Circumventing the walls: It is precisely the inability to fight it that is making the ultra-Orthodox establishment view the Internet as the bitterest of enemies. For decades the rabbis have worked very hard to build walls high enough to separate the ultra-Orthodox from the rest of the world. Then along came the Internet and circumvented the walls from above, from below and from the sides. The two main dangers it brings with it are pornography and the social networks. In Israel the main social network threat is Facebook; in the United States it is also Twitter.

The Internet spreads diseases: The wave of events began with the huge rally in the United States last May in which, according to the report in Haaretz, 62,000 people participated, 42,000 of them filling the New York Mets baseball stadium and another 20,000 at nearby Arthur Ashe Stadium in Flushing, watched the rabbis making speeches on a huge screen. “Whoever uses the Internet without a filter is a beast, because the source of the Internet is beastliness,” railed one of the speakers at the rally. He added that “all the diseases and weird deaths inflicted on the People of Israel are only because of the Internet's spreading to their homes.”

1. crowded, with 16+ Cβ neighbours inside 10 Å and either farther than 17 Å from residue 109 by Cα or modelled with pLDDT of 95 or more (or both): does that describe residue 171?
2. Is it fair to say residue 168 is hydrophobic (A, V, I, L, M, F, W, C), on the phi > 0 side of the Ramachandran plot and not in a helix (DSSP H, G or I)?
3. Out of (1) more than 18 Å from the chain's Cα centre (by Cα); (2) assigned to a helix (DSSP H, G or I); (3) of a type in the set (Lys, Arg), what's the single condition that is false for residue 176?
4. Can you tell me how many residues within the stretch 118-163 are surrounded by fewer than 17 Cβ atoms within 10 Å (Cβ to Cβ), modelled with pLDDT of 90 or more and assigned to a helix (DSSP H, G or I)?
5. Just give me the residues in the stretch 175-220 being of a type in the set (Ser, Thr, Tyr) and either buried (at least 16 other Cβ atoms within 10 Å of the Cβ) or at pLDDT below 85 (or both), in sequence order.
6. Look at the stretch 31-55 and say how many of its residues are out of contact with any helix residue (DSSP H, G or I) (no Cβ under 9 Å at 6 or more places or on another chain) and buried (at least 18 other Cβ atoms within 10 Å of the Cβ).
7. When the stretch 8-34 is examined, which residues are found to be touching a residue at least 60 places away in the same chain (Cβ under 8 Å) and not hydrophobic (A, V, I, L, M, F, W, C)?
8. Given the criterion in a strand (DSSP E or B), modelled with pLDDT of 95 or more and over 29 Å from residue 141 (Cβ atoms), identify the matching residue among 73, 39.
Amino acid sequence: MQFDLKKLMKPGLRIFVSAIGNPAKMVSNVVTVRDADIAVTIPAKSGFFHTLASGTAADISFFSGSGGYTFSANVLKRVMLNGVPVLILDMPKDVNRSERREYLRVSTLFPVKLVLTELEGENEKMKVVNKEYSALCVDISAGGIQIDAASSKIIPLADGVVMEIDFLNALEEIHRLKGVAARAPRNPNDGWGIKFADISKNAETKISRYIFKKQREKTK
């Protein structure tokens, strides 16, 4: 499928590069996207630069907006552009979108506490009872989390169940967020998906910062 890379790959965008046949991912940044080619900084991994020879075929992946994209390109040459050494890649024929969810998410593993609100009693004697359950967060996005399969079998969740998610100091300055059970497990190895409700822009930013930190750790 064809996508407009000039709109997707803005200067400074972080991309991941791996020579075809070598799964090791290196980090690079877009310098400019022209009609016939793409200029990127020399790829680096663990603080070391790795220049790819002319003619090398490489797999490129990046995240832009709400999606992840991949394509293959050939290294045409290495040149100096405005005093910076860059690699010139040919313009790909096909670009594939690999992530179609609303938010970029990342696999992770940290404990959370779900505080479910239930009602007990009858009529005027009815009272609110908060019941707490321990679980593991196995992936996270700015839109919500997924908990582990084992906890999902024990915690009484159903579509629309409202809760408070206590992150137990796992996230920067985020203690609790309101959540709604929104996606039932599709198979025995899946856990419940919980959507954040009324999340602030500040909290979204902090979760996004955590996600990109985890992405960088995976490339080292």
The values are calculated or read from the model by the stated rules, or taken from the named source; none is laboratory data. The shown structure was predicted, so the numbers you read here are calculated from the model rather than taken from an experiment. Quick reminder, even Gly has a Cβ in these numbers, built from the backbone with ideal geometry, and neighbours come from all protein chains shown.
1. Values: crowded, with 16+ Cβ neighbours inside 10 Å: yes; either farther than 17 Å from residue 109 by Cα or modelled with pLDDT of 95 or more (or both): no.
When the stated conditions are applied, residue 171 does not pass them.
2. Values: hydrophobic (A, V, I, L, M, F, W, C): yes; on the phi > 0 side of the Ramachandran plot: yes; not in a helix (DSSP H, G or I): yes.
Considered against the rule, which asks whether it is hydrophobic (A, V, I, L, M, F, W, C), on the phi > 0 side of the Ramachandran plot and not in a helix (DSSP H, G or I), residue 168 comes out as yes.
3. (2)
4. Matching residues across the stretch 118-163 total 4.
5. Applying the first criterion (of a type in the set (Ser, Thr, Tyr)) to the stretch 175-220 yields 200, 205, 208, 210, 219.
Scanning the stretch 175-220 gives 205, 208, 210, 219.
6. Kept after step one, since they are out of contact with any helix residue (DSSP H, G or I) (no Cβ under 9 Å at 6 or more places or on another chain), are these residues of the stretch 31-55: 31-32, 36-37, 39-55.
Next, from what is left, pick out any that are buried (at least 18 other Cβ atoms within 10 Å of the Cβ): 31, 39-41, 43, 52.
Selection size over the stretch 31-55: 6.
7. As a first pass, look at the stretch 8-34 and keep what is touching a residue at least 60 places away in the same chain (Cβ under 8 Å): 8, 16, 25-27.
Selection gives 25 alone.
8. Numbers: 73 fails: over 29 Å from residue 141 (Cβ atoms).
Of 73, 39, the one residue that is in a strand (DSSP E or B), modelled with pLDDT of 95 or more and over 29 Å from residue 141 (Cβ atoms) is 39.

At least there is unity: The ultra-Orthodox public deemed the rally a great success but not because anyone thought it would stop the use of the Internet. As far as that goes, no one has any illusions. Some of the people who attended the rallies sat there with smartphones in hand. Presumably many more went home to surf and perhaps to upload videos from the rally onto YouTube. The rally was considered a success because so many ultra-Orthodox from different streams gathered together for a shared purpose. “How good and pleasant it is for anti-Internet fighters to sit together."

A historic rally for ultra-Orthodox women: Since then the ultra-Orthodox have not stopped holding assemblies and rallies against the Internet in London, Antwerp and frequently in Israel. Two months ago, for example, there was an “assembly against the ravages of technology” for some 90,000 women and girls. The need for addressing women especially stems from the fact that most ultra-Orthodox women work outside the home and can access the Internet more easily at work.